Ben Brooks, last month, predicting the demise of Verizon's entire line of "Droid" advertising because of the arrival of the Verizon iPhone:
“Droid is dead” — is basically what I am saying here. I don’t mean that Verizon won’t ship or sell any more Droid phones, but they aren’t interested in wasting anymore money advertising the brand
-Brooks Review, Feb. 24, 2011
Today, market analyst Gregg Kail at Gerson Lehrman Group:
Verizon displays joint branding “Verizon Google” across both print and screen just a month after launching the iPhone.
Research at the Nielsen Wire reports the demographics for mobile OS with Google Android winning in 18-24 year olds but equal with Apple iOS and RIM BlackBerry in 25-34 ages. Verizon’s ad push of the latest iPhone 4 shifted to Droid after just one month. Verizon is working these three forces:
1) Demographic Appeal,
2) Price Point,
3) Keyboard Preference.
Verizon’s ad copy with Google has three Droid smartphones to match the preceding dynamics – two touchscreens with Motorola at the high end and HTC in the middle and a third phone being a keyboard slider.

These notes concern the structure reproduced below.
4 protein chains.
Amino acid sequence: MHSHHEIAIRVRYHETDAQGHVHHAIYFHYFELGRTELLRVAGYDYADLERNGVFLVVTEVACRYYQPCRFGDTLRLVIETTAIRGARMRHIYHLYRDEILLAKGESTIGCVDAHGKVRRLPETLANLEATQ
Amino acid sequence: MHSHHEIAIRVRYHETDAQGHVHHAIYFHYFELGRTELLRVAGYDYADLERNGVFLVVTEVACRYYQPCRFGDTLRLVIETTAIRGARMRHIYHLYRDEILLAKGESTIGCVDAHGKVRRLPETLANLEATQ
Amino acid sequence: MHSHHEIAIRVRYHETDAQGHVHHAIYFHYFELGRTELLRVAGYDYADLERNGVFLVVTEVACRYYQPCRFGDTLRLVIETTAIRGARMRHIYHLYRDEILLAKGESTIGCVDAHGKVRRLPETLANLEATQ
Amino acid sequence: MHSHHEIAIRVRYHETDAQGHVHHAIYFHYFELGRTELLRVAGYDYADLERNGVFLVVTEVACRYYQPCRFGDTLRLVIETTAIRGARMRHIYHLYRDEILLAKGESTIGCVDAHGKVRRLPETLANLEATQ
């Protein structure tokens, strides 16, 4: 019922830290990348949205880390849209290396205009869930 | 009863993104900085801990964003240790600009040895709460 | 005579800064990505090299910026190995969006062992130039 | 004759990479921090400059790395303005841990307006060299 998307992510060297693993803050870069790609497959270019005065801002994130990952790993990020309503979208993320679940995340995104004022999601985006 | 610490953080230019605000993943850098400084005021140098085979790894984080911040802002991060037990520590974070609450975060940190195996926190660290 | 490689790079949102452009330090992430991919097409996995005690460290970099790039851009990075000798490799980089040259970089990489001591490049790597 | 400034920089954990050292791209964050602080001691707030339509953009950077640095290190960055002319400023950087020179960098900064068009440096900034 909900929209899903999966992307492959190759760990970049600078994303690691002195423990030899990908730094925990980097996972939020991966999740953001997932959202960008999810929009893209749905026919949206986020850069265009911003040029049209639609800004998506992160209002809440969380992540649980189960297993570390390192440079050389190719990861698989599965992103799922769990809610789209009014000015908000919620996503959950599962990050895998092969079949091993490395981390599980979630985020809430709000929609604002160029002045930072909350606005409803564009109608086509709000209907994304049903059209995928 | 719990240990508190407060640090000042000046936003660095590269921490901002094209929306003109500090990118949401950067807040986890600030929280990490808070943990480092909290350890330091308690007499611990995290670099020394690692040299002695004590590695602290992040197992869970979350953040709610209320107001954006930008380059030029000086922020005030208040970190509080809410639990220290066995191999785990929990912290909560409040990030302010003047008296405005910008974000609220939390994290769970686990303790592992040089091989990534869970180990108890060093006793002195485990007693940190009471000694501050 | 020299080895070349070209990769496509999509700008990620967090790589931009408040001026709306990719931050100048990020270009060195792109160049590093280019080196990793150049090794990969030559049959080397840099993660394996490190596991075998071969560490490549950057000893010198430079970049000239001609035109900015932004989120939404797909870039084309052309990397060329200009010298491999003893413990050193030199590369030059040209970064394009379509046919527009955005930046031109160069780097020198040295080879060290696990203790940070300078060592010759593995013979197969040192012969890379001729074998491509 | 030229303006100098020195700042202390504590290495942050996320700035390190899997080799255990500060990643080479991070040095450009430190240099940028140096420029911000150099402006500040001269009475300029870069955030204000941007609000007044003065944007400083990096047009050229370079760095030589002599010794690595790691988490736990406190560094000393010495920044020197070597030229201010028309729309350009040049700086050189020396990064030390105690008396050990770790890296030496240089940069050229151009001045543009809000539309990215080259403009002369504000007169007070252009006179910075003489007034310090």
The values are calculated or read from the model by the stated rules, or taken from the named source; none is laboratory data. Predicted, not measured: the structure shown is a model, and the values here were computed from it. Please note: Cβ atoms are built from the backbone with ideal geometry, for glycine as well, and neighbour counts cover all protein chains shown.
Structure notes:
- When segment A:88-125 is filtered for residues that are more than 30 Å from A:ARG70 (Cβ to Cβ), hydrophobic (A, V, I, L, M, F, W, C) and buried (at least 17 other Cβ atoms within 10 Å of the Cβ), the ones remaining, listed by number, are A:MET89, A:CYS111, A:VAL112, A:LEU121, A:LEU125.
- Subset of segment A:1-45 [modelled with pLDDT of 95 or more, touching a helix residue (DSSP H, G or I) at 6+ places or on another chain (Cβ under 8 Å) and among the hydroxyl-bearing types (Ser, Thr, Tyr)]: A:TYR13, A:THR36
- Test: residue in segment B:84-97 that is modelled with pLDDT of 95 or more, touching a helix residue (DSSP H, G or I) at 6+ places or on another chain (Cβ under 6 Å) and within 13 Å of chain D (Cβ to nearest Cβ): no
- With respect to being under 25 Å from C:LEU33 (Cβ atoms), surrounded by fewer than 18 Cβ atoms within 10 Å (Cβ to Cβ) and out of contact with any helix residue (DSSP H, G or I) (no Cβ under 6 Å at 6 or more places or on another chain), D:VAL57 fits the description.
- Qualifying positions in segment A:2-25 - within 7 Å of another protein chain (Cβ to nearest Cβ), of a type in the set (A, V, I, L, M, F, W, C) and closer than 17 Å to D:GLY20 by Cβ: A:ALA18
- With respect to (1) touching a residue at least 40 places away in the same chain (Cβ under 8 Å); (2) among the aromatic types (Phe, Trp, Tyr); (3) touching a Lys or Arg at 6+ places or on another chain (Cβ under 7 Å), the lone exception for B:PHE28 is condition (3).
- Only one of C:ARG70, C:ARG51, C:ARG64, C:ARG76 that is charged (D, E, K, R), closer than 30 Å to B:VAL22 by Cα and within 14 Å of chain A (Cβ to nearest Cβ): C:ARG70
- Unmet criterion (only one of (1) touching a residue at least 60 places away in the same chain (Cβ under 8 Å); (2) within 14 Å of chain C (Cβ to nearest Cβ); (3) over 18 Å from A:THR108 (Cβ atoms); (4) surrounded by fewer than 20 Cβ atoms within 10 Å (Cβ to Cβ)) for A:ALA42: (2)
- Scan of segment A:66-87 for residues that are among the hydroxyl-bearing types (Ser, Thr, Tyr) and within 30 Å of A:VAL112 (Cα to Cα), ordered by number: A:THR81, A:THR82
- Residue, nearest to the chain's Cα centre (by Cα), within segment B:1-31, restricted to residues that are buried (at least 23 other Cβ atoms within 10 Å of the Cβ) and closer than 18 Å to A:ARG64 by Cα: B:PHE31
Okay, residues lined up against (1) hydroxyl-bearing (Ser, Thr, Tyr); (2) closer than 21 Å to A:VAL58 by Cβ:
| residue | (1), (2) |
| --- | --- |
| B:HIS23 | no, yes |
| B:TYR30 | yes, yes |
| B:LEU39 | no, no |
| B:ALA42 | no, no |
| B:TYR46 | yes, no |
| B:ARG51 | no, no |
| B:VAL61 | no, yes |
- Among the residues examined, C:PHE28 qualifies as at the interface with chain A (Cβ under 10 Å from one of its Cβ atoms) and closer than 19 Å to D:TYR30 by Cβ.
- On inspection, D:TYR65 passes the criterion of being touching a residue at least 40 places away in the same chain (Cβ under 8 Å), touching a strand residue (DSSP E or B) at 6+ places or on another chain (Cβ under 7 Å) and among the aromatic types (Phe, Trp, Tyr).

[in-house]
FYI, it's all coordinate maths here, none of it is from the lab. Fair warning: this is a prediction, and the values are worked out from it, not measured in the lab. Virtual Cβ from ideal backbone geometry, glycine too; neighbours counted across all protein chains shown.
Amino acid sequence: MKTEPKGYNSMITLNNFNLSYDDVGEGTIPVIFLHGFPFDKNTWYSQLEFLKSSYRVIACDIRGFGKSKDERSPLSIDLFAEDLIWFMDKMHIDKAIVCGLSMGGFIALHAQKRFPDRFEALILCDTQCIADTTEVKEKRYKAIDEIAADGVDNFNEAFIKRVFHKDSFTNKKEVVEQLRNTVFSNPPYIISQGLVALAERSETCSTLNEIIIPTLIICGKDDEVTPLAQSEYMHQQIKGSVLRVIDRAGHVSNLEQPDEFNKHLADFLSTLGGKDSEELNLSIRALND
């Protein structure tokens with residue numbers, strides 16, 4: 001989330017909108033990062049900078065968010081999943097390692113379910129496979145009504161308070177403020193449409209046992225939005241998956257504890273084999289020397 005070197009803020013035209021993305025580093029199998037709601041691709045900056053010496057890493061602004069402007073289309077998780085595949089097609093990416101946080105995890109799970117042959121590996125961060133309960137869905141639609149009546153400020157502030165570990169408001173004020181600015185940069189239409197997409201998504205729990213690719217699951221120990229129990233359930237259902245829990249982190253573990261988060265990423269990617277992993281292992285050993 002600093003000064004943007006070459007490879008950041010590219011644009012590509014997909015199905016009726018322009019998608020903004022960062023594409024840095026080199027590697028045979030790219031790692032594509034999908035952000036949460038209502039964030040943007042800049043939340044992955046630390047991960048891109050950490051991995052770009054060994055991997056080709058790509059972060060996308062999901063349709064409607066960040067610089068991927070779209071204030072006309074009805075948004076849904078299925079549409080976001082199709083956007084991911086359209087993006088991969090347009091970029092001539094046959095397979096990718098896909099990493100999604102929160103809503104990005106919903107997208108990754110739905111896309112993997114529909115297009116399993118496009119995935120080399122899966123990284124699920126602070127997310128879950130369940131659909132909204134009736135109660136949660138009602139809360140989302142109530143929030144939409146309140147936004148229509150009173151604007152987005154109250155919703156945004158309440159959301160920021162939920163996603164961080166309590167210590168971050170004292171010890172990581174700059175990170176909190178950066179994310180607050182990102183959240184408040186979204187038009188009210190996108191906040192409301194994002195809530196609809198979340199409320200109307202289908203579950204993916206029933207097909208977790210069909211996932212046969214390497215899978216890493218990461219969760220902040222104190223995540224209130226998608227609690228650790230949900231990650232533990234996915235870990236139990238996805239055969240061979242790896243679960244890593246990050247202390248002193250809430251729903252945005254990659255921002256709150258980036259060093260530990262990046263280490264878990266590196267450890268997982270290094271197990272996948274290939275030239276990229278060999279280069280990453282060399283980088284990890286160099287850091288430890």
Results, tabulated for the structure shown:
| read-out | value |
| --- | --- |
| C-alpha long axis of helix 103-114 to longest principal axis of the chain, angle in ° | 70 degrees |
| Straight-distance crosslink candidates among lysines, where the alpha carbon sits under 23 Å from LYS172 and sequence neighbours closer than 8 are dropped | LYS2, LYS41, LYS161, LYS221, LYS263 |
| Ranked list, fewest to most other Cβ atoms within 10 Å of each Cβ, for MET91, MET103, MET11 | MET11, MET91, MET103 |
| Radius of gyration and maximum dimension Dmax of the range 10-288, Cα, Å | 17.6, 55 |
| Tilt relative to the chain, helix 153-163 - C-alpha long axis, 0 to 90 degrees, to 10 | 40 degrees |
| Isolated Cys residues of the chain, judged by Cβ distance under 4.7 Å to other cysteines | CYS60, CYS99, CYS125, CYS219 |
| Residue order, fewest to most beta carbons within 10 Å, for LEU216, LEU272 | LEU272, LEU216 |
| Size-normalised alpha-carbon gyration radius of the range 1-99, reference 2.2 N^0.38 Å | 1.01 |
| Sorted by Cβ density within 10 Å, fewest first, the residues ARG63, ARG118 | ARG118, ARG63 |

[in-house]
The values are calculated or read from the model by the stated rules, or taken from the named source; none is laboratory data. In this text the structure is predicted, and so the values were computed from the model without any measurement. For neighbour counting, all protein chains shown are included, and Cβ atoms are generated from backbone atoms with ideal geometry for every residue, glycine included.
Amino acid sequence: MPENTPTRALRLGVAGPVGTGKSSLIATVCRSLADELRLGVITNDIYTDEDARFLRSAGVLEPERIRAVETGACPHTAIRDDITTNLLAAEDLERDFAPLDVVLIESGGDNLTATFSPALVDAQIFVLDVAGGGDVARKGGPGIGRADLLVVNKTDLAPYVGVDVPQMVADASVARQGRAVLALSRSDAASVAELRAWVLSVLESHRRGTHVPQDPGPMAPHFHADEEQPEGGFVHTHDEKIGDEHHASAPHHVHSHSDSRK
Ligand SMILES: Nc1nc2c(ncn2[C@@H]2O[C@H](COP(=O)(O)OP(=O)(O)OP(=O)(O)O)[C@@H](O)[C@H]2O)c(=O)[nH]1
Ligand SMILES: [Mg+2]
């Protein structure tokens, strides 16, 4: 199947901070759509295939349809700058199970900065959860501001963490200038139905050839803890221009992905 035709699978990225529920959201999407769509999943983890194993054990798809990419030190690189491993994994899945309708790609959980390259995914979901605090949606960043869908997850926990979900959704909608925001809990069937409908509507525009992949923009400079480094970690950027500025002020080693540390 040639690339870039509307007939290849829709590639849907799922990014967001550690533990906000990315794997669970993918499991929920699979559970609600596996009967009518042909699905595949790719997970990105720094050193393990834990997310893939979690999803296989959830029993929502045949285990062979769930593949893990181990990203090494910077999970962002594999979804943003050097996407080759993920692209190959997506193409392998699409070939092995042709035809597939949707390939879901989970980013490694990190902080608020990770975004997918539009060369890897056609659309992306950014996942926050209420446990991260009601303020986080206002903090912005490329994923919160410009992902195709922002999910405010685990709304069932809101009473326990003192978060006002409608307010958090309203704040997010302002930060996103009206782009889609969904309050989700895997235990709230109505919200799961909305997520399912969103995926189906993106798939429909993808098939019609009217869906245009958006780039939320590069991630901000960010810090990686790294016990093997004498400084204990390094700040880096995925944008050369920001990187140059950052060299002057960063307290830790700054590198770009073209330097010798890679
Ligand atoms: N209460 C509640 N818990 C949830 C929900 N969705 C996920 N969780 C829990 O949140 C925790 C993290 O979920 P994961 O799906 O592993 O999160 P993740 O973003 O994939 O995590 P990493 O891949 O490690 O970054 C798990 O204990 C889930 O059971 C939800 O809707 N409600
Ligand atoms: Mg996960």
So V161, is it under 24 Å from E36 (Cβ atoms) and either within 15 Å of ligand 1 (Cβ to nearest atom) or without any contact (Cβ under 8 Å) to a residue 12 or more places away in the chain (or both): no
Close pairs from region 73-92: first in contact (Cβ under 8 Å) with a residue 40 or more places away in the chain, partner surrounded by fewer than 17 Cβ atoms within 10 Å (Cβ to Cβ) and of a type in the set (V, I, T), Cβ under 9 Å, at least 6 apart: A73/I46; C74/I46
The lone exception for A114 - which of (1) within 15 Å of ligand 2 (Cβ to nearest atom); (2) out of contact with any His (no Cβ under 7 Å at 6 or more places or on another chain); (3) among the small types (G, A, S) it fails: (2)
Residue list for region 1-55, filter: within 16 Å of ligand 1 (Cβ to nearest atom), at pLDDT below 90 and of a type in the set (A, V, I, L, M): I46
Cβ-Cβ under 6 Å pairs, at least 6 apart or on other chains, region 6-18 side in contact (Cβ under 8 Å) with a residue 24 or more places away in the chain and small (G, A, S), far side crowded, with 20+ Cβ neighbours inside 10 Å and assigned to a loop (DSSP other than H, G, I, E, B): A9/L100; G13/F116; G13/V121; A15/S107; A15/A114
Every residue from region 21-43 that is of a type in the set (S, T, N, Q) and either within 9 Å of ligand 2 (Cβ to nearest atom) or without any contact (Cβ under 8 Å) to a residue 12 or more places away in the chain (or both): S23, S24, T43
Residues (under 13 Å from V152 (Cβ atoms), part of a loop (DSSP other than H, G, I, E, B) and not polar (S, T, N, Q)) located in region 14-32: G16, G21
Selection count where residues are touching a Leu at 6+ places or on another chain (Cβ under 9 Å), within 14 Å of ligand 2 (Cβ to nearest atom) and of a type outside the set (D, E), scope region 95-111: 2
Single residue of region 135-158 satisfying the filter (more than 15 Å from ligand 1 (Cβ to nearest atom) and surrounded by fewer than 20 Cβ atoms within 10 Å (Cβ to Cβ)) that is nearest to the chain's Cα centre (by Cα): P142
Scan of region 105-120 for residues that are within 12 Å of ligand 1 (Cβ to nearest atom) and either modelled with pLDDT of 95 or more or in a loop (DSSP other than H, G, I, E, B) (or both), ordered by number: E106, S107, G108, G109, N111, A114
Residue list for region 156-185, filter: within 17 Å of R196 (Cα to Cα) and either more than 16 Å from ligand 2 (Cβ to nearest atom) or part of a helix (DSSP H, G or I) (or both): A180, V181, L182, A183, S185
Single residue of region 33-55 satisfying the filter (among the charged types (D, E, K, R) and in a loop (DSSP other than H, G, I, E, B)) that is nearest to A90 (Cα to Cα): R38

-Gerson Lehrman Group, March 7, 2011
The reason Verizon briefly de-emphasized the Droid line of phones was because they like to push what's new. The most recent Droid phone (the Droid 2) had come out on Verizon almost six months prior and wasn't 4G. Now they've got some new phones with 4G capabilities to hawk.
The mobile business is all about offering the newest new thing at every moment so anyone coming off contract at that moment will be tempted to sign up for another two years. Verizon's CEO, Ivan Seidenberg, and various other execs have been crystal clear that they plan to maintain a "balanced" smartphone approach. And isn't that the smartest play if you're a carrier?